In 1967 he was the army chief of staff when Israel won the Six Day War and we won back Jerusalem, Gush Etzion and the rest of Judea and Samaria. Because of this, everybody who lives in Judea and Samaria or visits the Kotel should thank him.

To me, showing a hero like that as a Nazi was outrageous. It made me feel really angry at the people who held up those posters. What were they thinking by doing that? Were they saying they want more Nazis in the world? Did they mean that Rabin hated Jews and wanted kill them all? Seeing those posters made me feel embarrassed to be an Israeli and to be religious.

When my friends said that it was okay for Yigal Amir to murder Rabin, I asked them why they think that. One kid compared it to the Jewish law principle that “someone who steals from a thief isn’t punished.”

Another kid said that you should kill anybody who kills other people. One more kid said that just talking to the Arabs was reason enough for Amir to have shot Rabin.

But I don’t understand these kids at all.

Doesn’t the Torah say Don’t Kill? Don’t we have a fast day to mourn Gedalia ben Ahikam, a Jewish leader that was killed by another Jew? In modern times, when the IDF sank the Altalena, didn’t Menachem Begin tell his Irgun forces not to shoot back so we didn’t have a civil war? I asked my friends these questions. They said the case of Gedalia was different but they couldn’t really explain why. They said the mitzva not to kill didn’t apply to Rabin because Yigal Amir was an “avenger” (ed. note – this refers to Deuteronomy chapter 19 that says an individual who kills to take revenge is not subject to the death penalty). They felt that because the Oslo Accords had led to many Jewish deaths, the usual laws about murder didn’t apply to Rabin.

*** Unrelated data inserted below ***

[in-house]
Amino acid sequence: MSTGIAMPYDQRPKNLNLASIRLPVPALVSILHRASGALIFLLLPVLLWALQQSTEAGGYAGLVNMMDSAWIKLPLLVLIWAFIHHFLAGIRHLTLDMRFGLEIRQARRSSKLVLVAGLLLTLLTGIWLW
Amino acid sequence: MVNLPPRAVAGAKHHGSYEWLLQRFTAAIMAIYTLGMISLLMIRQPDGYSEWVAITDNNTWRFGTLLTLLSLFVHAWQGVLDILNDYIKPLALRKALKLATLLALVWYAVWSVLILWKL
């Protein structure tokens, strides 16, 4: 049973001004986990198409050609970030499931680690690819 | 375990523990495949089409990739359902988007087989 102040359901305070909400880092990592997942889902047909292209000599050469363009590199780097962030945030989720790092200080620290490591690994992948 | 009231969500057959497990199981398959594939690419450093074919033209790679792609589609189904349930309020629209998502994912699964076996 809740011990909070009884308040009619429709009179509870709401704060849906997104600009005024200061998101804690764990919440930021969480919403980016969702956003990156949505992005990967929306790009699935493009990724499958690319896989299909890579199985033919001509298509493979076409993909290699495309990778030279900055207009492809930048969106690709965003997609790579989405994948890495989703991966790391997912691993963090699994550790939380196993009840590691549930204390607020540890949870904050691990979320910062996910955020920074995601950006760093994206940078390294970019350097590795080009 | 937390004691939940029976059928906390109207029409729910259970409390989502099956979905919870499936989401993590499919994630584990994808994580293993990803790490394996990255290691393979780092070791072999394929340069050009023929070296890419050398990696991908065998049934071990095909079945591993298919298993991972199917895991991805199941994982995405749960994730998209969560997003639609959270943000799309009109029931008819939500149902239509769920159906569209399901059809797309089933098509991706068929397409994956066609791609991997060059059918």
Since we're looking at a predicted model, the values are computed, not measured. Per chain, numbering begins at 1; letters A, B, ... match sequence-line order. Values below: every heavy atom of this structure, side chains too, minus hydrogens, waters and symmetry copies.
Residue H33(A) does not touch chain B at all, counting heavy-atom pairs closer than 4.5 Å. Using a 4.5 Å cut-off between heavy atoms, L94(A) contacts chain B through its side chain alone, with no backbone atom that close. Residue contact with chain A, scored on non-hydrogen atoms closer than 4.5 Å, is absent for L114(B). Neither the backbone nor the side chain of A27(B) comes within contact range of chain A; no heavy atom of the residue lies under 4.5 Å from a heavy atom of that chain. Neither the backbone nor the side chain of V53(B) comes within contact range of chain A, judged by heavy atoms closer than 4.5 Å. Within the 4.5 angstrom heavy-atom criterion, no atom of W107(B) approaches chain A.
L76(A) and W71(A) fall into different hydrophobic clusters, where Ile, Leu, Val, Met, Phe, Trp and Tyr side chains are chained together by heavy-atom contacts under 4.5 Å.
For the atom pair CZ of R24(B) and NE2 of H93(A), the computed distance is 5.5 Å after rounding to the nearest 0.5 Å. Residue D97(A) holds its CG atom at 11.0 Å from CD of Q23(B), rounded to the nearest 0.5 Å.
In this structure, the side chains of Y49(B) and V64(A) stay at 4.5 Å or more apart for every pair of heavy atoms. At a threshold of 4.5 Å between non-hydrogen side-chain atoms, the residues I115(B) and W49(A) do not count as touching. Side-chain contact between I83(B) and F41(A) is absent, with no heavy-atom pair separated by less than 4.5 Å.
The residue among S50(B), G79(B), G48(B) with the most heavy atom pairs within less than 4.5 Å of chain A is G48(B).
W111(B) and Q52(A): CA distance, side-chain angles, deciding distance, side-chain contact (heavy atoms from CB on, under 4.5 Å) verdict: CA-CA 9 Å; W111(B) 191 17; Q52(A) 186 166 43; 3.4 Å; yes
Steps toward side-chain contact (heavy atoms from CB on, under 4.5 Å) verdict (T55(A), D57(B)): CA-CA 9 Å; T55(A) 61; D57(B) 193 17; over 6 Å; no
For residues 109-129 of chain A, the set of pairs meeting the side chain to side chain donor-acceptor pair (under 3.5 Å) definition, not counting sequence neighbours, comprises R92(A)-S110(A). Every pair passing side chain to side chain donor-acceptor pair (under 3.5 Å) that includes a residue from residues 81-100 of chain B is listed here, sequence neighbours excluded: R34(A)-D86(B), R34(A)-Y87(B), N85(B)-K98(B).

I told them that Rabin did sign the agreements but not because he wanted to see Jews killed. He signed them because he thought they would help stop Jews from being killed by making sure there wouldn’t be any more wars.

My parents told me that Rabin made a lot of mistakes during the Oslo years, but in our family they have always said that there is no excuse for murder. Our family believes that the Land of Israel is a source of strength for the Jewish people, both in Israel and all over the world. But human life is more important. Yigal Amir seems to think that the opposite is true. That’s not part of the Torah that I believe in.

I am happy I wasn’t alive at the time that Rabin was killed. In a democracy, it is important for people to express their thoughts and to demonstrate against the government when they disagree with it.

But after that terrible evening I would have thought that the religious Zionist world would have learned some lessons about the way to express anger and frustration.

The fact that my friends said that Rabin deserved to be murdered seems to say that we haven’t yet learned those lessons.

The writer is a seventh grade student at Derech Avot junior high school in Efrat. He is the son of Andrew Friedman, opinion editor of The Jerusalem Post)